Okay! What’s the point of jeremiad against folks who just want to have fun? It’s not easy to cruise time-wasting TMZ-type Internet dreck when just one click away lie reminders of the awful fate of hundreds of millions of our fellow citizens. Yes, this uncomfortable nexus of privilege and privation has been on my mind since I wrote about the recent death of Mary Ellen Mark, a photographer who devoted so much of her life and work to documenting the disenfranchised, but who also published a best-selling book of celebrity photos.
And even as we lament the Kardashians’ usurpation of the Internet, the clan has begun to gain more substantive relevance, as noted by Oliver Jones in a recent piece in The Daily Beast:
In the past several weeks, the clan has brought as much attention to the century-old Armenian genocide as that atrocity has ever received in pop culture. Plus, Bruce Jenner’s deeply felt and perfectly pitched revelations about gender identity have done more to further the national conversation about the trans community than just about any other story in recent memory.
The moving Jenner story aside, just what is a reasonably mature adult to make of this conflation of vapid celebrity fixation with urgent issues of humanity? I’m not at all certain, but for each narcissistic celebrity whose trivial musings become the stuff of daily blog updates, there also is one who toils quietly, doing what he or she can to relieve others’ suffering. I still recall the sight that surprised Carol and me in the midst of the Kakuma Refugee Camp in northern Kenya: a girls’ school created by Angelina Jolie, who is quietly working in Africa with no public fanfare.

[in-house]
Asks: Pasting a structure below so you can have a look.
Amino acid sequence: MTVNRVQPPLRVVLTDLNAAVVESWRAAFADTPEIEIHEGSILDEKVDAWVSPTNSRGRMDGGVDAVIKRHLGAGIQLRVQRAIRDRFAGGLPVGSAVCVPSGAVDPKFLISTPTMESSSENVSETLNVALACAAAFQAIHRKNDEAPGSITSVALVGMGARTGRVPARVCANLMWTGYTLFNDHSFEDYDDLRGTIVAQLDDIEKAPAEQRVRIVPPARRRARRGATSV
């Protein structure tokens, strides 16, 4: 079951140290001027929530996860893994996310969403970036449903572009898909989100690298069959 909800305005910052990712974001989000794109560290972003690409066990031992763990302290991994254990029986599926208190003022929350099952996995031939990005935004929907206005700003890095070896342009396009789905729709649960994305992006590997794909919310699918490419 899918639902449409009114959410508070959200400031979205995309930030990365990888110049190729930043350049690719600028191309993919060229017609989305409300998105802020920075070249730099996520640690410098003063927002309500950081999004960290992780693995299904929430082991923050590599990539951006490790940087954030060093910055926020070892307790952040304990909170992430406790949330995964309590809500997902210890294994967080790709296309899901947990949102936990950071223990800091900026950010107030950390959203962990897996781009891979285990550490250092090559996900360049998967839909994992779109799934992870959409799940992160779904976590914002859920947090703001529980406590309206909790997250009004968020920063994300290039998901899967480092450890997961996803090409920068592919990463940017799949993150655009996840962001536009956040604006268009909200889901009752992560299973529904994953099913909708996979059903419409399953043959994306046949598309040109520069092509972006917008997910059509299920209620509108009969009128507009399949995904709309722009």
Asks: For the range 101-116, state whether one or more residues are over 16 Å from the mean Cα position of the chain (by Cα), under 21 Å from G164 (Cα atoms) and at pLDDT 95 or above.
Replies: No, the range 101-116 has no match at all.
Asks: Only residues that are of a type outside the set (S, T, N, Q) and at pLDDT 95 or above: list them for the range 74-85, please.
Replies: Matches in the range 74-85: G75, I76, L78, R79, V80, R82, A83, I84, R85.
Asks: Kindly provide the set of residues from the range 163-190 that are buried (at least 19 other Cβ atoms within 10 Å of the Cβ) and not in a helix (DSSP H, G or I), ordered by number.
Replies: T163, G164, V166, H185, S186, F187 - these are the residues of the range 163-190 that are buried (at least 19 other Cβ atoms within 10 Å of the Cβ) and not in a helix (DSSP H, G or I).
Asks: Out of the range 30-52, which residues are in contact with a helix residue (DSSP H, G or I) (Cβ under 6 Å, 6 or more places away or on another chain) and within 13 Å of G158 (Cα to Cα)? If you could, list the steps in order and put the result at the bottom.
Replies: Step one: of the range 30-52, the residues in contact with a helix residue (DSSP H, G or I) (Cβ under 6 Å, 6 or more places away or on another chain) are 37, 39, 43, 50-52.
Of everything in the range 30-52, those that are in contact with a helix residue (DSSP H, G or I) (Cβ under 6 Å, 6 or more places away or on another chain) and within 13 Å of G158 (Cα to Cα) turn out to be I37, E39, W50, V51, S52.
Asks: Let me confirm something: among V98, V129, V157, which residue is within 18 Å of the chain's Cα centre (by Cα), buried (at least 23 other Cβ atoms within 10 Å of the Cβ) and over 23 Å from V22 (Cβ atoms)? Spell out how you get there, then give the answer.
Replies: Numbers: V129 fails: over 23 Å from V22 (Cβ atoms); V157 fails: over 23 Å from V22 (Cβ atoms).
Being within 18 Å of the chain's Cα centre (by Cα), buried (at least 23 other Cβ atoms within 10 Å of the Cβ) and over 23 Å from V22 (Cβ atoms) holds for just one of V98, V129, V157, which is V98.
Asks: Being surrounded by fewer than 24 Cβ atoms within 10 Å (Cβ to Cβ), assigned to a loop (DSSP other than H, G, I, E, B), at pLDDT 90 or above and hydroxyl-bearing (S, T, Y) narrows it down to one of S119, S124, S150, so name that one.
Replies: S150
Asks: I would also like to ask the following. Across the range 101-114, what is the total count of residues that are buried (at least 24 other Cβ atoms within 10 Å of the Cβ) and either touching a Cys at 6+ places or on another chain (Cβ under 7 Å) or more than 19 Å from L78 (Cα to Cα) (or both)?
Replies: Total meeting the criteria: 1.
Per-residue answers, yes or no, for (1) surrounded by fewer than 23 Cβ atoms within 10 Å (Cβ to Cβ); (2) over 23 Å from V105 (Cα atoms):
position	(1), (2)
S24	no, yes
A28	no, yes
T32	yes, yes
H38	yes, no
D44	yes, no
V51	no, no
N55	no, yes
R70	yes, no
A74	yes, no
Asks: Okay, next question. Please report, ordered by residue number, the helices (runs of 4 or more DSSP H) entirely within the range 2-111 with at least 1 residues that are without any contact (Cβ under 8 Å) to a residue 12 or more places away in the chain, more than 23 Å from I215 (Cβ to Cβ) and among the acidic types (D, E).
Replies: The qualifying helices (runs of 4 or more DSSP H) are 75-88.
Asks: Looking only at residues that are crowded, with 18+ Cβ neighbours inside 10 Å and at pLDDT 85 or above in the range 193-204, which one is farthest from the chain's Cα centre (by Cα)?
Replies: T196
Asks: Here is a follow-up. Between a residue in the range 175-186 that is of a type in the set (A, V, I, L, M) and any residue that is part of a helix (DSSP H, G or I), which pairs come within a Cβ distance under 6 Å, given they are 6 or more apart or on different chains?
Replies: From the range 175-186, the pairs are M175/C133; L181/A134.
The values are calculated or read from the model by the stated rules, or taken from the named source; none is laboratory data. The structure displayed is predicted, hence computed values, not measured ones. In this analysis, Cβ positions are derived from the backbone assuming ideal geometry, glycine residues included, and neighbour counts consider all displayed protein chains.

Carol and I were with an AMPAS International Outreach group that was visiting this camp on behalf of FilmAid, which supports Kakuma camp youth who shoot and edit orientation, health and service videos for the ever-changing camp population. These youths, living at the margins of possibility, write, direct, edit, photograph and star in movies for their own community. “Fame” is a relative term.
The selfie is hardly an invention of the iPhone age. The first photo self-portrait was purported to be by Robert Cornelius in 1839, around the time photography was invented. Cornelius, an amateur chemist living in Philadelphia, is said to have run into the camera’s field of view after taking off the lens cap, sitting for a full minute of exposure.
At the beginning of the 20th century, F. Holland Day’s platinum, one-of-a-kind images of himself as Jesus Christ almost rivaled Stieglitz’s photos in popularity.
The recent discovery and almost immediate canonization of Vivian Maier’s obsessive self-portraiture, possibly an outlet for her near solitary life, forces us to understand on a deeper level the hows and whys of the individual’s need to frame his or her very existence.
I’m not about to equate the self-defining struggle of a recluse like Maier with the antics of a self-promotion hound like Kardashian, but there must be some kind of congruence flitting along the spectrum of personality that finds satisfaction in making and looking at images of ourselves — something beyond the ephemeral zeitgeist or bandwagon adoption of a new fad. No less than the U.S. president has fallen into line with the cultural trope of the Selfie Stick.
And the selfie has become the new “I am here” tourist’s record …
… as well as a visual anthem of youth worldwide.